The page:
Wide Awake kicked off festival season last Saturday in Brockwell Park. Pints were flowing, the weather wasn’t *awful* and music fans fled to South London in order to catch a glimpse of some of their favourite artists. It was my first time attending Wide Awake Festival and I was pleasantly surprised, the layout of the festival was well configured, the tents were spacious yet the size of the stages still gave an intimate feel to the performances. We caught a wide array of acts on the Saturday, here are our personal highlights:
As a complete techno novice I didn’t know what to expect from seeing Overmono live at Wide Awake. Being recommended to go and see their set by a friend, I headed over to see them towards the end of the day and was thoroughly impressed by their performance. I’ve seen other techno acts before and not enjoyed the music very much, in the past I’ve found it too heavy and struggled to dance along. The electronic duo’s set proved completely different. Drawing on influences from 90s rave, trance and breakbeat, they provided a club-ready sound that drew people in from around the festival. Tracks didn’t feel repetitive and were accessible for the un-‘techno-trained’ ear. I’m already searching for the next time they’re playing London to catch another one of their sets.
Seeing Alex Cameron live was one of my biggest draws to attend Wide Awake this year. I started listening to his music during lockdown and had yet to see him live – he did not disappoint. Strutting to the stage, Cameron played a set of absolute ‘sleaze-pop’, leaving anyone in a 100m radius weak at the knees. His live band was tight and together they delivered an astounding set as the sun set over Brockwell Park. Playing hits such as ‘Far From Born Again‘, ‘Miami Memory‘ and ‘K Hole‘, the live performance translated almostly perfectly from his recorded discography. Writing this article from Barcelona, I’m beyond thrilled to be able to see him again at Primavera Sound.
After the release of new EP ‘Car Therapy Sessions‘ at the end of April, I think many people were anticipating Faye Webster‘s set at the festival this year. The American singer from Atlanta has made quite the impression across the pond, playing a string of sold out dates across the UK in May. She played songs from the new album as well as tracks such as ‘Right Side of My Neck‘ and ‘Kingston‘. I do feel however that the set would have translated better into an enclosed venue due to the mellow nature of her performances. I’d still make sure to catch her at one of her November tour dates where she’s playing across 5 major cities in the UK.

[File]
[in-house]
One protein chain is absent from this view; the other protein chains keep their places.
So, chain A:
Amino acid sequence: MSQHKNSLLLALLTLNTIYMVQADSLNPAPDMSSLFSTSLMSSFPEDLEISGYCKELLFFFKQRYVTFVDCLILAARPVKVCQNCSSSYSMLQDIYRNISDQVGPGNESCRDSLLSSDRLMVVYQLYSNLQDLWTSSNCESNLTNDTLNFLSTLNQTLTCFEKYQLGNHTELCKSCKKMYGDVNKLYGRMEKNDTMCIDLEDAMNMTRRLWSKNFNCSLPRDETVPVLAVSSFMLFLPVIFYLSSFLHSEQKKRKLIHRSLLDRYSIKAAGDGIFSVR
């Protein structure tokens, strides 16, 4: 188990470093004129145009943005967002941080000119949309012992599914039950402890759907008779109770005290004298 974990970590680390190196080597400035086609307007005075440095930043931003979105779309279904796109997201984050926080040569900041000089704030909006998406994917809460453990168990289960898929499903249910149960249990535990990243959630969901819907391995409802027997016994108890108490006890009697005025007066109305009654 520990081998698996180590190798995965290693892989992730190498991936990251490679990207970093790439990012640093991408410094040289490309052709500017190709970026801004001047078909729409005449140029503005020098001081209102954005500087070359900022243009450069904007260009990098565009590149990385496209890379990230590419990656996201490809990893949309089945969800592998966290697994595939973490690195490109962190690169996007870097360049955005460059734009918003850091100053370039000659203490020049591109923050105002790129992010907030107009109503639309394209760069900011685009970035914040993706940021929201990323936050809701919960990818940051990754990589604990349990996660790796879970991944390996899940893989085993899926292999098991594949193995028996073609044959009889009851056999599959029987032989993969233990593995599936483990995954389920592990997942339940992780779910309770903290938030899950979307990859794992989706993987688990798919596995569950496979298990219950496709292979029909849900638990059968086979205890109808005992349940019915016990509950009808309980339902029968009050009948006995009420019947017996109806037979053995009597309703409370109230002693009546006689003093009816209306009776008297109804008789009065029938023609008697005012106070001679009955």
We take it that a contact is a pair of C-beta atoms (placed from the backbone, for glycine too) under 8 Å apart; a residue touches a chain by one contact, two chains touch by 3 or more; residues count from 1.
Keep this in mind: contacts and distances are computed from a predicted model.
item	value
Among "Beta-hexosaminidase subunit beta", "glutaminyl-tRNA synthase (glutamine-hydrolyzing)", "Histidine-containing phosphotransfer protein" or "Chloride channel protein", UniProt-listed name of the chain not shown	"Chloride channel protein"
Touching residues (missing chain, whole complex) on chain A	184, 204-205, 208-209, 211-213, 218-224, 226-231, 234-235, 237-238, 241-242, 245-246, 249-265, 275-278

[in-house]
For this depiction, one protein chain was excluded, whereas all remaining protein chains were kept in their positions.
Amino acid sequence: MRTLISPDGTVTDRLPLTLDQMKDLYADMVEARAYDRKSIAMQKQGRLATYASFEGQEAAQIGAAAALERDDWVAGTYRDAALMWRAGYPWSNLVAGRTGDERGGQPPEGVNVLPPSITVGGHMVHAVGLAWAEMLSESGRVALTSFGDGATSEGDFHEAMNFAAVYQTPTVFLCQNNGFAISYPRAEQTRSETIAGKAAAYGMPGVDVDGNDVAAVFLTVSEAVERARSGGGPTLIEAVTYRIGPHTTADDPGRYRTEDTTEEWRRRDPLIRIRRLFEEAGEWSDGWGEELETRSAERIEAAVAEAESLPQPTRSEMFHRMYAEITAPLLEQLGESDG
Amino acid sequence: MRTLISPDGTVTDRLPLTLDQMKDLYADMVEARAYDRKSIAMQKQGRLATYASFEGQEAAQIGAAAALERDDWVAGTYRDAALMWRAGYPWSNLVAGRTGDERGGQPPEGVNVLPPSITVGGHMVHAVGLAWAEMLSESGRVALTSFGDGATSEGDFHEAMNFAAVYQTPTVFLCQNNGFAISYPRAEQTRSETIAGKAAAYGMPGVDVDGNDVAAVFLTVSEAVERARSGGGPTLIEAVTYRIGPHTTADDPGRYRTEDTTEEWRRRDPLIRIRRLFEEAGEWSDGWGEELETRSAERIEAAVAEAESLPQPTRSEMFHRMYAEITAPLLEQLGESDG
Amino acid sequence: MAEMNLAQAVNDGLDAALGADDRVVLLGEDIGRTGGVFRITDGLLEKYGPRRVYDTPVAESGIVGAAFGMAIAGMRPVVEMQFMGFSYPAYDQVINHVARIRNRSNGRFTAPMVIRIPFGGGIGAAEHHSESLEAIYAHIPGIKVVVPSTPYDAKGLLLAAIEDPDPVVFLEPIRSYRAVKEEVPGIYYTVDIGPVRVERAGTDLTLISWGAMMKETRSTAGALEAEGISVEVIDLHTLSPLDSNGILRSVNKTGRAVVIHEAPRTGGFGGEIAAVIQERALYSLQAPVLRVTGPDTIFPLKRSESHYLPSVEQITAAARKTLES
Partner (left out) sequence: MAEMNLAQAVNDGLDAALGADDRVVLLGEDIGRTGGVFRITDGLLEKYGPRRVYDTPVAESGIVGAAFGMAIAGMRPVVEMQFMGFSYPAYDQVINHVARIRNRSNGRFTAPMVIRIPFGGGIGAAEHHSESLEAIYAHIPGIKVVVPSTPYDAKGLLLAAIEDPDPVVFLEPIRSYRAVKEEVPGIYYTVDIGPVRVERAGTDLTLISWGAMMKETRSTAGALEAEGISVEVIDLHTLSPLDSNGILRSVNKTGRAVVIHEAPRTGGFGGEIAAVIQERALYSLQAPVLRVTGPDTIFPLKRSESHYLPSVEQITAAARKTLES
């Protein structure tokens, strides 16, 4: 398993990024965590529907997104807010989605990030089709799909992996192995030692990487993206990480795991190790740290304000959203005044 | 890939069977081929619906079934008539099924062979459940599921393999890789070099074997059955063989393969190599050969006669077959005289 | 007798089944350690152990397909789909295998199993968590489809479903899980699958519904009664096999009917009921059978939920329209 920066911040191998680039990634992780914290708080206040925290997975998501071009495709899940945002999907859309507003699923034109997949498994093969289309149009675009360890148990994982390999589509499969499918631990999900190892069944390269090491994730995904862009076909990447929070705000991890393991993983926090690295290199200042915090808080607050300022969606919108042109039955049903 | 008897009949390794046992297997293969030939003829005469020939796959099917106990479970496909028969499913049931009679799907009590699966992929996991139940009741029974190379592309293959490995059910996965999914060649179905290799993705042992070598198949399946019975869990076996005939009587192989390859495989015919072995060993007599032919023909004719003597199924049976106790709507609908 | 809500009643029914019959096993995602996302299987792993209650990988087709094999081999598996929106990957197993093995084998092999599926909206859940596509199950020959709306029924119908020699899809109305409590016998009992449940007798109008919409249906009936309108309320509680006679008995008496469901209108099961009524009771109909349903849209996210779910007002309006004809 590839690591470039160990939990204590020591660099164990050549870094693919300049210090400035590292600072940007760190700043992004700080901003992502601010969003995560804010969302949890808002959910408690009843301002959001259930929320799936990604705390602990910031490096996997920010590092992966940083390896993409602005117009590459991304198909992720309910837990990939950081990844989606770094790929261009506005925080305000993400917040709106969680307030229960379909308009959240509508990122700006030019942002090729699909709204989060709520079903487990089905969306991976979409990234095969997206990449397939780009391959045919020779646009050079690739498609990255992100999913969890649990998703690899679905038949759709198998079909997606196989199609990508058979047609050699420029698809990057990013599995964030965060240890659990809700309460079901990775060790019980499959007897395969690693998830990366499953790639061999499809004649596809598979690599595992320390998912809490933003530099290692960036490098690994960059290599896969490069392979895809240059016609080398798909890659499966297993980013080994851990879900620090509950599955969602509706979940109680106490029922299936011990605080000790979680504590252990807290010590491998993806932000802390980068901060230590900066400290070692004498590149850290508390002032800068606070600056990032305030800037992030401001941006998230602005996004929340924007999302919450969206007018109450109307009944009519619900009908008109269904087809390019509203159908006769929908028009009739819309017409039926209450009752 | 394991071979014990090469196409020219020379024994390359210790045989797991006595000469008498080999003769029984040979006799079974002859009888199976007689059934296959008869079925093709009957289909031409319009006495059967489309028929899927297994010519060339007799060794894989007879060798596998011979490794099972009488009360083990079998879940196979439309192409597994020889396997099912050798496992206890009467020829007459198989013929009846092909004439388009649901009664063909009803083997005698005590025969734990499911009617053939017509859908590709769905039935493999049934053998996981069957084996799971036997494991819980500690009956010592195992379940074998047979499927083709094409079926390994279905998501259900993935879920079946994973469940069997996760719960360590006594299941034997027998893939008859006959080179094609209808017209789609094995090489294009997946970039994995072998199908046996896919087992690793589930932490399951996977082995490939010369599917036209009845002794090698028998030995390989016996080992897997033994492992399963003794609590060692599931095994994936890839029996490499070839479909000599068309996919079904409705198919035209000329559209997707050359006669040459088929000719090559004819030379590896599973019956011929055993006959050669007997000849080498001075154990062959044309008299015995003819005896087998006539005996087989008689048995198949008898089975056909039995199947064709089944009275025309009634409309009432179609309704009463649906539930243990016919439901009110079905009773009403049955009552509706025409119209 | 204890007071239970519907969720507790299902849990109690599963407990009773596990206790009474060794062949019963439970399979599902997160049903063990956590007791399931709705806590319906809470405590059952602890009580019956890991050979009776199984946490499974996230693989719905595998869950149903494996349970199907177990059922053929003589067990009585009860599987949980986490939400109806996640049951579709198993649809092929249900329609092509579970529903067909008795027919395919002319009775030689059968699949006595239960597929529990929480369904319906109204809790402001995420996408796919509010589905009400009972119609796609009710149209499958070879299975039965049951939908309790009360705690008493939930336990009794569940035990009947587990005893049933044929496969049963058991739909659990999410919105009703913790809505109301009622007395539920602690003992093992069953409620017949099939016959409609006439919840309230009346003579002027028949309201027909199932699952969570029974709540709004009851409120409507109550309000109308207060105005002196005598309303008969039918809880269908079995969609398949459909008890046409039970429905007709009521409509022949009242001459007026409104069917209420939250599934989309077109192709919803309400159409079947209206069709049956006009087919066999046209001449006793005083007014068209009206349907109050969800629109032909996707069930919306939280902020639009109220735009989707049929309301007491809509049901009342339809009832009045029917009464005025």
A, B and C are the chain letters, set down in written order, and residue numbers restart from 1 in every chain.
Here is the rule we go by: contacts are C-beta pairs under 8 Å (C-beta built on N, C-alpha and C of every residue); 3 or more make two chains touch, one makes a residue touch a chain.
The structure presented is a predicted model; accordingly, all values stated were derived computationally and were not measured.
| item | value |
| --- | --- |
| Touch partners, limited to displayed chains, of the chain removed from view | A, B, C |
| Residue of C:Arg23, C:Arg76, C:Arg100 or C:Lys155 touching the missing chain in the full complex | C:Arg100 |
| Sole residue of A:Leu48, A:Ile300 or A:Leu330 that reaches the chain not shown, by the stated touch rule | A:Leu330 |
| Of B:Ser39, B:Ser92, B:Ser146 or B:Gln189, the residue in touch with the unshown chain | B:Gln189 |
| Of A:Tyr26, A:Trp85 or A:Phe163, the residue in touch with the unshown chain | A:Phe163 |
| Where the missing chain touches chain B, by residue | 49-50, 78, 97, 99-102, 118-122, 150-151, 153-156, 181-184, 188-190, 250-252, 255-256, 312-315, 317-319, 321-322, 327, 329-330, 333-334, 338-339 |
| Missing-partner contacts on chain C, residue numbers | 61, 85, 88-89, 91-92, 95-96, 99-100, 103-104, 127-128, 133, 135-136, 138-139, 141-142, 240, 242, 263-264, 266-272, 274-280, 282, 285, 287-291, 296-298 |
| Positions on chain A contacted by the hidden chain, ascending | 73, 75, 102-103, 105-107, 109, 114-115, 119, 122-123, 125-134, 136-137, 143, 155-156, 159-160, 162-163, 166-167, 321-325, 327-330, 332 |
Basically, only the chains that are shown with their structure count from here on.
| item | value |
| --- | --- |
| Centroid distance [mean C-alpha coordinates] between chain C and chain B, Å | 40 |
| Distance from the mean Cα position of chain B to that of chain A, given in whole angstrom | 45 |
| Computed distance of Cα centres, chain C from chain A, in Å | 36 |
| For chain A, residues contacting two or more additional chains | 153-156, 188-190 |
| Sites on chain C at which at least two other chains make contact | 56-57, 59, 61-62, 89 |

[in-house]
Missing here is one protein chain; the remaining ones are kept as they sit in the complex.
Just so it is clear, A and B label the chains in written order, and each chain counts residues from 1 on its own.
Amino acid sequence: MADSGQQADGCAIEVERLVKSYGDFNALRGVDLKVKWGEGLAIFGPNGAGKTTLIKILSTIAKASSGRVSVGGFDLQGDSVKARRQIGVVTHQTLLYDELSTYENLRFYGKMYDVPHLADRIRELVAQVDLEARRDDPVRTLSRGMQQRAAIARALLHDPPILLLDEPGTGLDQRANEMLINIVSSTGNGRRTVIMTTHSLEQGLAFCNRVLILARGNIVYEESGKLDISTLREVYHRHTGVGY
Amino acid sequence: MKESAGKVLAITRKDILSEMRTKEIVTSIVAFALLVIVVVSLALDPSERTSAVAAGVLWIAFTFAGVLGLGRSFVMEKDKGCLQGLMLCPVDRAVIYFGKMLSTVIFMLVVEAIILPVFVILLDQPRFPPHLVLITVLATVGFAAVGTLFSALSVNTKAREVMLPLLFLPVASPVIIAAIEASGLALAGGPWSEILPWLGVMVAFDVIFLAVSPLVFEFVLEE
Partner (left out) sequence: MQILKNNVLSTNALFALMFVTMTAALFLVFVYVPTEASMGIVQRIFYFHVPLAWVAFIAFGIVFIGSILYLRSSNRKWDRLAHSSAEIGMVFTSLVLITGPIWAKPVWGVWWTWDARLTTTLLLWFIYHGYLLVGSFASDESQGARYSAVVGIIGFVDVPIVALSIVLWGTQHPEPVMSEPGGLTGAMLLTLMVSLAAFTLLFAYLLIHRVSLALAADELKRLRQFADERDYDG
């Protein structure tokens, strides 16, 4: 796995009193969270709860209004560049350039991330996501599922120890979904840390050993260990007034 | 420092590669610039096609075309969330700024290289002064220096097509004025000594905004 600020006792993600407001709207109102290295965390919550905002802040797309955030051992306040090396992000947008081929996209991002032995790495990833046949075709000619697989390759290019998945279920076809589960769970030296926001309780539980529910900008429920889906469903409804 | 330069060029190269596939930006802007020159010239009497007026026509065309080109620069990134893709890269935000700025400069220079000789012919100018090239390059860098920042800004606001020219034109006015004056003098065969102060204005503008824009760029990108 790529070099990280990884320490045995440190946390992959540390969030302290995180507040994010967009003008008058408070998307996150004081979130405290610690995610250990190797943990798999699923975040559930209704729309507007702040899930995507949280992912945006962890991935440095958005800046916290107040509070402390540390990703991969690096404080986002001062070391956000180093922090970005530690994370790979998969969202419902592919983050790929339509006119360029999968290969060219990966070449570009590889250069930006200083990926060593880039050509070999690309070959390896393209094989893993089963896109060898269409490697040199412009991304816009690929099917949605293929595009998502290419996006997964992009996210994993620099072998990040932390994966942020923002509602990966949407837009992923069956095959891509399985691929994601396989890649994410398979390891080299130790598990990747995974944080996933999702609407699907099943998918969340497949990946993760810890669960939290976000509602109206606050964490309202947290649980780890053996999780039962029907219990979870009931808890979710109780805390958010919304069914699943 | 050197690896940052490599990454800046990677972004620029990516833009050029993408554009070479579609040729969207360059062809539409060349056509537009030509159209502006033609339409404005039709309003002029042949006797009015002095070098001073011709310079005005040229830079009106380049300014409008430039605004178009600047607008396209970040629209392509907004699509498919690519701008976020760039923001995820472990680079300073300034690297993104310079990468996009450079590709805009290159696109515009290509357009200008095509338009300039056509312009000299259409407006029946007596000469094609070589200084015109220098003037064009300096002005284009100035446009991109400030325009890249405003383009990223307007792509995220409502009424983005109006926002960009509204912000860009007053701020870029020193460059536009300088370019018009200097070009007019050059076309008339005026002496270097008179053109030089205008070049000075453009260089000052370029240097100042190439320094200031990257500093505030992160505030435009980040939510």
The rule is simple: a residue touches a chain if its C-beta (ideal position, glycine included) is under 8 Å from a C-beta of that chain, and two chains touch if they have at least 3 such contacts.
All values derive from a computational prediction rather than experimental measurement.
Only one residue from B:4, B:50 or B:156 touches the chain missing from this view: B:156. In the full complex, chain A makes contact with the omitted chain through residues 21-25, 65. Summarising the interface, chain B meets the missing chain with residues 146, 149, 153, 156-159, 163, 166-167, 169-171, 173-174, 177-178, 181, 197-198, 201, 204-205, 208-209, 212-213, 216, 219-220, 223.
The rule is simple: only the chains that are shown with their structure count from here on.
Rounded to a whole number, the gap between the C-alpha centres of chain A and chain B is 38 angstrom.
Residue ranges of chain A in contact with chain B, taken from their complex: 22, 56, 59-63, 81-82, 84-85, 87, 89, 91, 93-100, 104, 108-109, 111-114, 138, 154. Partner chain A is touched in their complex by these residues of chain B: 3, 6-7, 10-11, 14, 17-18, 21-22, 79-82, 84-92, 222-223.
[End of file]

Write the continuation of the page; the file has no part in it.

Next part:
Despite having their set delayed for an hour and the location of it moved, Keg still managed to pack out the tent they were playing at with festival goers spilling out to the surrounding areas. I’m yet to see Keg play a bad show and their performance at Wide Awake proved no different. Playing songs from 2021 EP ‘Assembly‘ and new single ‘Kids‘, the band were tight as ever. Despite being one of the first bands to perform, Keg were maybe the most energetic performance of the day – complete with merch being thrown into the crowd and their own on-stage hype-man/backing dancer.
Surfbort were one of the last bands I caught of the evening and were one that I was most excited to see. Formed in Brooklyn in 2015, the band have collected a great amount of hype from the likes of Blondie, The Strokes and fashion house Gucci. The release of their latest album ‘Keep On Truckin‘ in 2021 triggered a string of European dates with their Wide Awake performance being one of their last in the UK before they headed off to France, Belgium and Germany. The crowd was raucous, the music was heavy yet polished. This set seems to have marked Surfbort on the UK music scene and I’m very excited for when they next cross the pond.
Photo Credits: Overmono by Rollo Jackson, Alex Cameron by Jessica Bartolini, Faye Webster by Morgan Winston, Keg by Theo Zeal, Surfbort by Steve Appleford.
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